Stained-glass is romantic. Seeing it used for story-telling, as in Beauty and the Beast, makes me swoon. Since our wedding was all about stories that moved us, I knew that I wanted stained-glass artwork to factor into our centerpieces. What I didn't know was the first thing about stained-glass.
Enter lanterns, liquid leading, and glass paint…
You will need:
- liquid leading — I used Gallery Glass. For my three lanterns (roughly 8¼ X 4½” panes) I needed two 2oz. bottles to draw the rose nine times, plus the three major scenes — the castle, the enchantress transforming, and the happy ending.
- glass paint — I used DecoArt Americana Gloss Enamel. One 2 oz. bottle is enough paint for every color except blue. You need two blues, because of the backgrounds for the roses.
- a ruler
- small and even smaller paint brushes
Here's how to make them:
First, find your images. I found images from the opening sequence of the movie that I wanted to use and saved them to a folder.
Next, measure panes. Back to my folder of images I went and, looking at the rulers above and beside the virtual page of Microsoft Word, I stretched each image by its corner until it was about the size of the pane I would be painting. There are other ways to size pictures, this was just the backwards way that worked easiest for me. When in doubt, I made mine slightly smaller than the pane. It's easy to extend lines — less so to smush important stuff where it doesn't fit.
After printing the images, cut them out. Yay, kindergarten! Then, tape your first image to the inside of your first pane, facing out. Lay the lantern on newspaper so the picture faces the ceiling.
Now, use the liquid leading bottle like a tube of icing — squeeeeeze and draw. You want to trace the major lines of the image, mimicking solder; let the paint be the star.
You're also always free to leave things off. I completely ignored the beggar-woman's hand when I did the roses. Instead, I continued the background lines as if it wasn't there.
Sometimes my hand would jerk when I was drawing a smooth curve (It didn't happen often — the liquid leading is actually lovely). I found that I could use a Q-tip to prod the line of leading into place, and it didn't even leave a smear. If I squished a line while working somewhere else, a Q-tip plumped it right back up. Sometimes two lines that were close would merge (the leading likes itself), but a Q-tip swipe broke that party right up. The Q-tip also fits easily between lines of leading without disturbing them if you need to mop up some stray paint. Basically, the Q-tips make it possible for humble humans to pretend godly competence. Keep many beside you, so as not to encourage over-using a Q-tip that is already dirty (which is a disaster, don't do it, you'll be so angry).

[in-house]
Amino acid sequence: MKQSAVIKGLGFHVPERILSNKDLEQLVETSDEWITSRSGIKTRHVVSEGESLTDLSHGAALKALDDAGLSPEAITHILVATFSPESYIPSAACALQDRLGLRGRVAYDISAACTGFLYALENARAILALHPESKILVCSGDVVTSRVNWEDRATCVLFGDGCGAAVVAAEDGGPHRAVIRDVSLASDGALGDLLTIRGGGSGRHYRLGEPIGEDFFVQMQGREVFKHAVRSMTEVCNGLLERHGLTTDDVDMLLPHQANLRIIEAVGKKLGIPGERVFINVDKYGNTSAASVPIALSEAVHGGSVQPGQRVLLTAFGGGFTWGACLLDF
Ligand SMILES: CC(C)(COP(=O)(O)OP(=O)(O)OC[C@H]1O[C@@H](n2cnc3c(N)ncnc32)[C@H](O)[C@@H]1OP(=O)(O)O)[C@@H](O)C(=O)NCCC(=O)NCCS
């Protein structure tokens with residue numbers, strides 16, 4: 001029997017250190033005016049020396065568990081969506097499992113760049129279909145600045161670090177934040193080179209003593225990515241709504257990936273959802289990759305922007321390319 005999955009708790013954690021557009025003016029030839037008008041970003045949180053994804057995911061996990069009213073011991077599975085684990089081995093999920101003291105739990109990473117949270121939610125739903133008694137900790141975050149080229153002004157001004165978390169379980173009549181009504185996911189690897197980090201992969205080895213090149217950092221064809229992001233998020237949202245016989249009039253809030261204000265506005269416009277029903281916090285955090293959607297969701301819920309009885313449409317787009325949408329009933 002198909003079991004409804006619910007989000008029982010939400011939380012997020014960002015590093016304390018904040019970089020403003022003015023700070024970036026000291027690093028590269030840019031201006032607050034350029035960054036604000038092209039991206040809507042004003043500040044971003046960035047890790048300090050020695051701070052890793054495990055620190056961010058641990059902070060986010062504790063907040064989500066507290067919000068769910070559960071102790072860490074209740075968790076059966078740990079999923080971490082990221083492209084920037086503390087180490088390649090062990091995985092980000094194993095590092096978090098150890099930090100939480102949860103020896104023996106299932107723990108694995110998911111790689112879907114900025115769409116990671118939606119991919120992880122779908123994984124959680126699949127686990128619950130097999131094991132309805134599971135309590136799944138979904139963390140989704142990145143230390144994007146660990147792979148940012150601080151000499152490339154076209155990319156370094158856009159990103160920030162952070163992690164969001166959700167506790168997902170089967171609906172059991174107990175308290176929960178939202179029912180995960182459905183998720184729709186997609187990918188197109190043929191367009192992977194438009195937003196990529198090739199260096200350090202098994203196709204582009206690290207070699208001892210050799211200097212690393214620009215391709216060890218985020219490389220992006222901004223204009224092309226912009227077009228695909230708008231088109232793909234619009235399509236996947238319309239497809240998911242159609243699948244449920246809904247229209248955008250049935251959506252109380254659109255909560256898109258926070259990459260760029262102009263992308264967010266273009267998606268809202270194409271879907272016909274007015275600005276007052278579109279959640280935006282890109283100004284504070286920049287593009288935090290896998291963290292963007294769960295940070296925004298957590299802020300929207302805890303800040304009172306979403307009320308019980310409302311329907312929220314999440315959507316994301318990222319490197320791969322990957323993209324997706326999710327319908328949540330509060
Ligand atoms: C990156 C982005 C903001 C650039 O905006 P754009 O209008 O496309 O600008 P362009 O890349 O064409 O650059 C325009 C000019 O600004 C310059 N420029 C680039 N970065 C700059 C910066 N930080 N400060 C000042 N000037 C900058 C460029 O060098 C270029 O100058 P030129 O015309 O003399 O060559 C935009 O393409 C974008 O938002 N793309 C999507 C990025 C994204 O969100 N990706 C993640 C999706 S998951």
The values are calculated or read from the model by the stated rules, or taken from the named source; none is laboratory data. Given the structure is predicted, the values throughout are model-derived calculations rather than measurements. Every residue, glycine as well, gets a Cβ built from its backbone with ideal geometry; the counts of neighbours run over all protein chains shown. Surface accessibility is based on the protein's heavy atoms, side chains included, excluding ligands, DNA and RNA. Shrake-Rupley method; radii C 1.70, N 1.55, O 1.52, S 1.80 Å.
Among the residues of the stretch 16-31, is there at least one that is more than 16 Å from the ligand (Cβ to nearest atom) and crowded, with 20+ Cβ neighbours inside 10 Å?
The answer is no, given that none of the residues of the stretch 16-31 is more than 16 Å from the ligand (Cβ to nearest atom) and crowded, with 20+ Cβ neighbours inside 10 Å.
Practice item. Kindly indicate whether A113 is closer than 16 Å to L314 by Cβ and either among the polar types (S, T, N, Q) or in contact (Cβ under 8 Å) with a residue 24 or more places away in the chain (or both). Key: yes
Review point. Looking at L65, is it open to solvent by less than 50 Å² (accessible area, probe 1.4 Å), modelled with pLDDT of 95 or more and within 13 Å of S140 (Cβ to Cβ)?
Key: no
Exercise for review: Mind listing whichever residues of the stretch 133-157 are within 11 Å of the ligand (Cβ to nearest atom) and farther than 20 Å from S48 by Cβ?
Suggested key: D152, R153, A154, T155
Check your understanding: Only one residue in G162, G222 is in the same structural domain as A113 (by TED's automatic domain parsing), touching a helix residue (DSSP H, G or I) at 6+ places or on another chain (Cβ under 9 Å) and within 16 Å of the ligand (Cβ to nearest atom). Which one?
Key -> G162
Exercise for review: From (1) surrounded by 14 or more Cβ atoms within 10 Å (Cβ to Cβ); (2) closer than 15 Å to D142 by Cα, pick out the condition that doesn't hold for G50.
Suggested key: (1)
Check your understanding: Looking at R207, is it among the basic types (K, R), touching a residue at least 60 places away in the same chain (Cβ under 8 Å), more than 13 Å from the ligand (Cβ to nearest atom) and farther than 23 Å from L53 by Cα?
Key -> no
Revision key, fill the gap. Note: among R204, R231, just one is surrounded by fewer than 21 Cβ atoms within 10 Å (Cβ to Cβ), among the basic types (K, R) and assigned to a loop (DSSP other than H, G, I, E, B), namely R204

Let the leading dry. If you happen to need everything done in like three weeks and you can only work on it while you're doing laundry at your mom's, use this time smartly: start drawing on a different lantern. When I finished drawing a second image, the first's leading was usually dry enough to start painting around. You can test dryness with a Q-tip!
Take the picture down next. Look closely at what you drew. Are any of your lines broken? Did you get close enough to the frame with the leading? Touch up any problem areas.
Now the painting… Use colors consciously so you don't accidentally turn Belle into the Hulk. Don't be scared of using a slightly bigger brush for the larger bits; the leading will keep you inside your lines. You may find with lighter colors that you need to go over the paint when it has dried. I painted Belle's dress four times.
I wanted rich jewel tones, and I didn't want to “see” glass behind the color. I used a lot of paint — enough that I was not brushing the paint in streaks so much as directing the flow of puddles. You stop when your heart says stop. Or your hand. Or your well-meaning friends and family who haven't seen or heard from you in some time.
After that it's just repeating steps. Turn the dry lantern on its side and begin again with a new picture. Do it until you're done. Vow never to undertake such a project again.
Then eat your words because they're just too pretty: